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Help For School Anxiety During Covid

School is starting up again and many school districts have gone back to in-person learning. While back to school anxieties are typical during any given year, COVID-19 is still with us, which has added more uncertainty and stress for everyone involved.

Since virtual, at-home learning took place during the previous school year, many kids may now find it difficult to adjust to being away from the safety of their home and parents. Add to that the fear that others around them may unknowingly be sick and you may find that even well-adjusted children are experiencing heightened stress. For children who already suffered from anxiety, however, the return to physical classrooms may mean their anxiety worsens when they return for the first day of class.

What Signs Of Stress Can Be Observed In Children During The COVID-19 Pandemic?

In general, children are resilient. Many kids will manage this transition just fine with help and support from their parents. Those who already struggled with anxiety or emotional problems or who had behavioral or developmental concerns before the pandemic may need additional assistance, though. It’s important that you keep a watchful eye on them, as they might be at risk for increased or severe depression and anxiety.

Signs of stress to watch for include (by age group):

Preschool age – Children in this age group may be more whiny or clingy than usual. They may have problems sleeping, have nightmares, or become afraid of the dark when they weren’t before. You may also find that they withdraw or their behavior may regress. They may lose their appetite or become picky eaters.

5 – 9 – Children who are in elementary school also may be clingier. They may be angrier or more irritable and cry or otherwise resist to going to school. They might have nightmares and sleep problems, along with poor concentration. In addition, your child may stop showing interest in friends or activities they used to enjoy.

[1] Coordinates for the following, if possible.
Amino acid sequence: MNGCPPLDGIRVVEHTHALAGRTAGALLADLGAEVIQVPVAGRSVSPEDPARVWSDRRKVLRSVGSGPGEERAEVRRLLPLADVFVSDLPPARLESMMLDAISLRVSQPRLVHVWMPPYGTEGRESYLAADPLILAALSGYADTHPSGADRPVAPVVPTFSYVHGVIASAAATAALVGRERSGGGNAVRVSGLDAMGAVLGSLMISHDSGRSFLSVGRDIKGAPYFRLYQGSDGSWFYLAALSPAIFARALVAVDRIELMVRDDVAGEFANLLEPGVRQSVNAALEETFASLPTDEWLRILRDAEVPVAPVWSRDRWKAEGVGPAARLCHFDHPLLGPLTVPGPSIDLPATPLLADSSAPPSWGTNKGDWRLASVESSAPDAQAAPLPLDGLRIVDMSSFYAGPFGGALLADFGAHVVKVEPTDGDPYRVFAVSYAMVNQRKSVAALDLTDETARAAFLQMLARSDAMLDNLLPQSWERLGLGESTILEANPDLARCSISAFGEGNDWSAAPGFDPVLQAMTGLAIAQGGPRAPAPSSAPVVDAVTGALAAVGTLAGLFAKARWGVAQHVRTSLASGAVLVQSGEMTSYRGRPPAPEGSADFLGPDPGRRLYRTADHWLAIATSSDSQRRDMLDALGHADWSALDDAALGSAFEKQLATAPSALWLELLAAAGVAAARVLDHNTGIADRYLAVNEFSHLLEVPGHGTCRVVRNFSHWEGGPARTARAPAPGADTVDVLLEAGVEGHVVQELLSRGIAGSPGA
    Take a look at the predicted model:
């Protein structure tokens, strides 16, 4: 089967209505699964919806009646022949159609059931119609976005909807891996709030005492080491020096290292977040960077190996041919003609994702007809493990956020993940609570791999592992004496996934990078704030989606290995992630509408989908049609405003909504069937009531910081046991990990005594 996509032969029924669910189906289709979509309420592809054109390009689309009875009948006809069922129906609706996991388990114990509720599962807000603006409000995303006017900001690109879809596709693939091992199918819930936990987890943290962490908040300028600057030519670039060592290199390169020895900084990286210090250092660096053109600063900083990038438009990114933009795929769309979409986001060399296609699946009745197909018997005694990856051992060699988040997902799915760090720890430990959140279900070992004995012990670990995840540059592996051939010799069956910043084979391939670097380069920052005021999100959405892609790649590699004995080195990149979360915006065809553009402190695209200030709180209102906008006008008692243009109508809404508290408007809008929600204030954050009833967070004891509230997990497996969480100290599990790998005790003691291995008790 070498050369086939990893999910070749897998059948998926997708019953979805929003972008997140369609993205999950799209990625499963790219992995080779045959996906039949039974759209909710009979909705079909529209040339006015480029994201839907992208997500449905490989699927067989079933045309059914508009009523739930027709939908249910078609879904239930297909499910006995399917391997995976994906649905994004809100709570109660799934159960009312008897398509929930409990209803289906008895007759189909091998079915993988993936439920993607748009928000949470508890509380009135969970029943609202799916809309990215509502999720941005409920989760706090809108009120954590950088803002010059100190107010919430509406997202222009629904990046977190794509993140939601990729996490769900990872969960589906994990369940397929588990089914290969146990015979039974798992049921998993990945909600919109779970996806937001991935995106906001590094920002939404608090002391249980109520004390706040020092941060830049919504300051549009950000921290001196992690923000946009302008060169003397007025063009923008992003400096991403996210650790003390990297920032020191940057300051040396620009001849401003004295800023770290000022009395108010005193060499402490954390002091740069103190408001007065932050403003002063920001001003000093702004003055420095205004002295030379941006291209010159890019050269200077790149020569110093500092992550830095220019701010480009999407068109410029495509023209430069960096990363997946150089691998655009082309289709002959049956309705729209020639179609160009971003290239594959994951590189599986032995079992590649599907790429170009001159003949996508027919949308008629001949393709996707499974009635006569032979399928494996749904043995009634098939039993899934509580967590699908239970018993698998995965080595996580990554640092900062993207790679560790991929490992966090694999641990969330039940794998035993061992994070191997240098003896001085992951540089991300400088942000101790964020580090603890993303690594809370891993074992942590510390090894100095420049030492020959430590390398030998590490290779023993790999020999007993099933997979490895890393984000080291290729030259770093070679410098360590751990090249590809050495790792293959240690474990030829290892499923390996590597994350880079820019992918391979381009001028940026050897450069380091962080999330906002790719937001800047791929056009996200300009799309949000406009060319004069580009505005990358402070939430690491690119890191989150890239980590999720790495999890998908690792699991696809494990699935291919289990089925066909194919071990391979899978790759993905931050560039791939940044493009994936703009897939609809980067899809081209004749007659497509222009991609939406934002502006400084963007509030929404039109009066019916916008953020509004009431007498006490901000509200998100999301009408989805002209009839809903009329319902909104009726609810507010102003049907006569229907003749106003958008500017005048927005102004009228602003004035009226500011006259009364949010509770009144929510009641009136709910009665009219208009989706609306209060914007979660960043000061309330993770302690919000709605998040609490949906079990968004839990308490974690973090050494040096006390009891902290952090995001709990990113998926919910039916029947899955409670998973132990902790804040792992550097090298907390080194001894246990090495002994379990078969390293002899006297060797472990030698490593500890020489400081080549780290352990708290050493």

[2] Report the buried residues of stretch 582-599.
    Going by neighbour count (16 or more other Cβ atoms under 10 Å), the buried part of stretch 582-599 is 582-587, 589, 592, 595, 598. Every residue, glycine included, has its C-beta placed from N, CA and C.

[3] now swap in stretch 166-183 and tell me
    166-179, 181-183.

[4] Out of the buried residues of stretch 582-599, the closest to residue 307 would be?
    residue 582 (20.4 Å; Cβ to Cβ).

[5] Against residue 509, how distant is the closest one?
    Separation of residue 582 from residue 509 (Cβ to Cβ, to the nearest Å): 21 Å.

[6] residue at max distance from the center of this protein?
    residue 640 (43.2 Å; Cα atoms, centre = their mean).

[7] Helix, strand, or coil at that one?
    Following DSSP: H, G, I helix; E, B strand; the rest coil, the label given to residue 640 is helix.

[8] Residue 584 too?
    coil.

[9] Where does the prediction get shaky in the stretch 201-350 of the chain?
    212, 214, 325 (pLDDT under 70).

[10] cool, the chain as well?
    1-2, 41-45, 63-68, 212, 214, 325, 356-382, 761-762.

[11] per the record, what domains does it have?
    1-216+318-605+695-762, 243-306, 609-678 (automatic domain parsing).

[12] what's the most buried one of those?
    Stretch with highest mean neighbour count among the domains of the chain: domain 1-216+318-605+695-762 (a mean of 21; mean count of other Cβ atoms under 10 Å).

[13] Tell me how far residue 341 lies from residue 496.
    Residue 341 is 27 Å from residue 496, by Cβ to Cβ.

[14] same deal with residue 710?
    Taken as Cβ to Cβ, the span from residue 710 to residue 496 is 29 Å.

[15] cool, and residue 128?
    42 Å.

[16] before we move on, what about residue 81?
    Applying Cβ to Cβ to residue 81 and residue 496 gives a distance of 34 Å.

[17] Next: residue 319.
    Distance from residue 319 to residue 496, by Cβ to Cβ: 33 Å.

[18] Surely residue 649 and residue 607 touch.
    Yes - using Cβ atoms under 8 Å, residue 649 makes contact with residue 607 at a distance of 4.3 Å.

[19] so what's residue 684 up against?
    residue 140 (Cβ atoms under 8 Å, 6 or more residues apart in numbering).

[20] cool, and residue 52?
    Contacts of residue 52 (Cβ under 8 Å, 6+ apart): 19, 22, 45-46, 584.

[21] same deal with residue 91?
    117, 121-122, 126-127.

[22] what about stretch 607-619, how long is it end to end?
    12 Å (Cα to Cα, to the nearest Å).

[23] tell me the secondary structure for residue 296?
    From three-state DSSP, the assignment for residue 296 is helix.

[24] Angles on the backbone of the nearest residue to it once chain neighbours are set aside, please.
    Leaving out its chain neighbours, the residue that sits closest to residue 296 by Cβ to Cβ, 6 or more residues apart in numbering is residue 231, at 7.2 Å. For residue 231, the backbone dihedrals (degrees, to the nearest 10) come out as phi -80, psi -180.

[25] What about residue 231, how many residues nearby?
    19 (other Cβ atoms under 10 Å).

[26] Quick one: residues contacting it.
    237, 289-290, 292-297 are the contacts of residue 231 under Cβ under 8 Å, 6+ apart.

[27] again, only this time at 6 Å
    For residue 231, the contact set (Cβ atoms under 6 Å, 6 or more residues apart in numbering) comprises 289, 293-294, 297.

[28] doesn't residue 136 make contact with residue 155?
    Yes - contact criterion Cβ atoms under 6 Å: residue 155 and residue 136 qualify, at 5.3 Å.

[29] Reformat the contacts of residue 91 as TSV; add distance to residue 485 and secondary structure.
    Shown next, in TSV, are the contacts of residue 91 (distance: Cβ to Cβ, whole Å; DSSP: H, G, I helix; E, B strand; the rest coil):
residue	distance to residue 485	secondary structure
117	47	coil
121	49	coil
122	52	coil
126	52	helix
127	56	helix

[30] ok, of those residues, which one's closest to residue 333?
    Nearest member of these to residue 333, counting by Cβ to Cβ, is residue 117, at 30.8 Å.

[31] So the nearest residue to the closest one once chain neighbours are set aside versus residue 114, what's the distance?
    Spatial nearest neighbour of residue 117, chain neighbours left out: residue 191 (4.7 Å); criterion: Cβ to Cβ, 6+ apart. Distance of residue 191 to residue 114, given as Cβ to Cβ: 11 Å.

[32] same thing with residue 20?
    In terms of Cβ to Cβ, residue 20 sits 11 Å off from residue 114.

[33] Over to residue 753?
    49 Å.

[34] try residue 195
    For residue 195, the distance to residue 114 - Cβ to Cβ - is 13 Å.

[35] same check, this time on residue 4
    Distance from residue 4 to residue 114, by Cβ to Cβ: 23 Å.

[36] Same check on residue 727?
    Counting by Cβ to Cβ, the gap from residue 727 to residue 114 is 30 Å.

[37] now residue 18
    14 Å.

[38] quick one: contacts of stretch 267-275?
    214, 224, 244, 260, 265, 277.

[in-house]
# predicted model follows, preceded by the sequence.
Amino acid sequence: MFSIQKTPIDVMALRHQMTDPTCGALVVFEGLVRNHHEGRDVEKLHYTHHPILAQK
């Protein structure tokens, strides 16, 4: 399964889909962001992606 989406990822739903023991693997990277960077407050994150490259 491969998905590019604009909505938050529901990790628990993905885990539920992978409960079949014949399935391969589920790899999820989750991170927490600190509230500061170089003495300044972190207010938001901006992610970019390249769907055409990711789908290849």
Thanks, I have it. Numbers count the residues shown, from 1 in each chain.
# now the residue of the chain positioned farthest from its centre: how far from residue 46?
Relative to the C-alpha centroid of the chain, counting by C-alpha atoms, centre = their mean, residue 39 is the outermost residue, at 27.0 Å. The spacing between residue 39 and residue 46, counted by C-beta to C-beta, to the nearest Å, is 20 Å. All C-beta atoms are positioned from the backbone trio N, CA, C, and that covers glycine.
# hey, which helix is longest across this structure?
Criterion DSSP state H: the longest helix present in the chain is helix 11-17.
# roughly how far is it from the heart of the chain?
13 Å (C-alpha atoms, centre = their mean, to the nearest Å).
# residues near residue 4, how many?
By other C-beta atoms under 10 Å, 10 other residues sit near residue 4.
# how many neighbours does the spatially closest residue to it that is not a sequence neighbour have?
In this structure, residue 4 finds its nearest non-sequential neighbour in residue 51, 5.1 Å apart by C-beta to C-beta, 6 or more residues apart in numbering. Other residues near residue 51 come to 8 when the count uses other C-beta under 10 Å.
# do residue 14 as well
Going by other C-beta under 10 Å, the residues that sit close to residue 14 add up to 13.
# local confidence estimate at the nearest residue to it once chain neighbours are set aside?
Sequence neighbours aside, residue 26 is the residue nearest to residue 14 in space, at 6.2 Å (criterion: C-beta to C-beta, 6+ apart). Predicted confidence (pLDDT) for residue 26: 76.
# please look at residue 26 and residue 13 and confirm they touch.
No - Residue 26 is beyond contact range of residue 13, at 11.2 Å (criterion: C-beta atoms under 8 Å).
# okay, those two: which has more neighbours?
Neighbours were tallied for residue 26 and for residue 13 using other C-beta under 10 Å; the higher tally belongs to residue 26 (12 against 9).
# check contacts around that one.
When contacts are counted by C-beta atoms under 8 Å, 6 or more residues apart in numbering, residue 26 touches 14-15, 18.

10 – 19 – Adolescent children may show everything from sleeping and eating disturbances to agitation or arguments with others. They may have physical complaints such as headaches or stomach aches. They may also exhibit poor concentration or engage in some type of delinquent behavior.

Parent Anxiety About School During Covid

The uncertainty surrounding the pandemic makes in-person schooling nerve-wracking for some parents. Obviously, they are apprehensive about their child’s health and well-being, but they also have to address their child’s concerns and reassure them that they will be safe in school. For many, it’s a balancing act of trying to be supportive while also telling the child to be careful, wear their mask, and social distance. Talk about stressful!

It is important to keep in mind that your children look up at you for guidance on how they should react during times of stress. You want to show them that they need to take the situation seriously, but without panicking.

We all do better when we have a sense of control over something that worries us. Children are no different. Discuss their fears and help them find positive ways to deal with their stress.

Ensure they know how to wear a mask correctly (it should cover their nose and mouth). Teach them to carry and use hand sanitizer and how to wash their hands (wash for the time it takes to sing the birthday song). Make sure they understand how social distancing helps to reduce the spread of the virus. Teach them to cough into their elbow or a tissue and to throw a used Kleenex away immediately.